• Register of Information – Companies must provide detailed reports to the Supervisory Authority, categorising IT services that support critical and important functions.
  • Prioritise Contractual Security – For lasting business resiliency, organisations must prioritise enforcing required security controls through robust contractual agreements with IT providers. This includes developing a comprehensive exit strategy for all partnerships.

Getting Ready for DORA Compliance
To prepare for DORA, organisations should start by analysing their current risk management processes, identifying gaps, and exploring potential solutions. Here are some steps to guide your preparation:

  • Adopt Strong Security Frameworks – Begin by implementing or enhancing your Information Security Management System (ISMS) to align with ISO 27001/2 standards. This establishes a strong foundation for your security controls.
  • Conduct Comprehensive Risk Assessments – Regularly assess risks and conduct threat modelling to identify vulnerabilities and potential threats. This helps in anticipating risks and implementing mitigation strategies effectively.
  • Develop Robust Incident Response Plans – Create detailed incident response plans and recovery procedures to ensure quick and effective response to IT incidents. These plans should be tested and updated regularly.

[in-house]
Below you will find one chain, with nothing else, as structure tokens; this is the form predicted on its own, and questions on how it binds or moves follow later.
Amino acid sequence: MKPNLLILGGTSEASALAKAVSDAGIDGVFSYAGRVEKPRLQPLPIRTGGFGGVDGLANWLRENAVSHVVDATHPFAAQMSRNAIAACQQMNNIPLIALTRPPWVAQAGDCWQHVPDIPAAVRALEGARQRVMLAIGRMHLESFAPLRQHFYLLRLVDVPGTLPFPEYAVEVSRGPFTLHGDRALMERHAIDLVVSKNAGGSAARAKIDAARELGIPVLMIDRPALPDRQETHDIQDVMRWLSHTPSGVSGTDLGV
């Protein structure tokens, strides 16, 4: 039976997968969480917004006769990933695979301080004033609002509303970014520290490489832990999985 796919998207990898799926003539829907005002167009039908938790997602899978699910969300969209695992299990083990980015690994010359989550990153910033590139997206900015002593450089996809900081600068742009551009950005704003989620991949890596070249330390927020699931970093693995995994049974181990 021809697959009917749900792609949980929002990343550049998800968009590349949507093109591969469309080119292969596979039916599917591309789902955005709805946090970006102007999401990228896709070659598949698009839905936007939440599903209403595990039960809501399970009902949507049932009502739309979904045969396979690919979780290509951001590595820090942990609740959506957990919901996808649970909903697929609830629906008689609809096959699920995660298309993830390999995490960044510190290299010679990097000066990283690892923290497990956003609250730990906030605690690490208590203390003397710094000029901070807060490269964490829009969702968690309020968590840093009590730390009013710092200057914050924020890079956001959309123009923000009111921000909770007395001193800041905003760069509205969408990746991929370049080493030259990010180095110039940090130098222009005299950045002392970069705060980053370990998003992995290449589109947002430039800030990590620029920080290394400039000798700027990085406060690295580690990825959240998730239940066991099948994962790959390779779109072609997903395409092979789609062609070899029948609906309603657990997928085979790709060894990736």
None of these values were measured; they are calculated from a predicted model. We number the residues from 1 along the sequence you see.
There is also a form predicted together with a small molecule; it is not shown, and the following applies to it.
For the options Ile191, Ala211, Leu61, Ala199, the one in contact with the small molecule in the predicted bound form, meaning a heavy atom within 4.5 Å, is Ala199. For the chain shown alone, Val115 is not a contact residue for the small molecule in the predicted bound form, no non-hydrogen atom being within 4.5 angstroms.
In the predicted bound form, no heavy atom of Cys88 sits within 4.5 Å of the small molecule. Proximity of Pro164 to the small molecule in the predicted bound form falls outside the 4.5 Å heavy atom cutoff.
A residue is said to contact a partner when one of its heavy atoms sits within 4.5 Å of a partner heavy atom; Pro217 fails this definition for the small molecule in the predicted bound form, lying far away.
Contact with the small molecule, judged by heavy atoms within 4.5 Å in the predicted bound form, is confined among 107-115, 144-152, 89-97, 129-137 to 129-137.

• Maintain a Register of Critical Functions – Compile and maintain a register of all critical functions and dependencies, including internal operations and third-party services. This register should be kept up to date and reviewed periodically.
  • Monitoring and Reporting – Implement continuous monitoring of IT services and establish mechanisms for incident reporting. This ensures that you can quickly gather and report information in case of a breach, maintaining compliance with DORA’s requirements.

Strengthening the Resilience of Financial Services
The frequency of cyberattacks on European financial services is rising. In 2023 alone, the number of attacks doubled, making the industry one of the most targeted within the EMEA region. Additionally, a significant portion of organisations has experienced third party-related business interruptions in recent years. Given this landscape, it’s no surprise that many organisations see security threats as a top priority. The impending DORA compliance requirements, although not fully detailed yet, offer a structured approach to mitigating these risks.

Not Just a Tick Box
The implementation of DORA is a significant step toward ensuring the operational resilience of the financial sector in the EU. As the enforcement date draws nearer, it’s imperative for organisations to start preparing by understanding the regulation, but also fortify their defences against the ever-increasing threats in the digital landscape and gain additional benefits such as improved customer trust and reduced business disruptions.

Start your preparation today to stay ahead of the curve and secure your organisation’s future.


Our guest author is Andrew Trovalusci an experienced and versatile Global IT Director within Financial Markets with a strong focus on IT risk and resilience.

Posted on: 20/06/2024
By: admin
#Cyber Security
#Data Security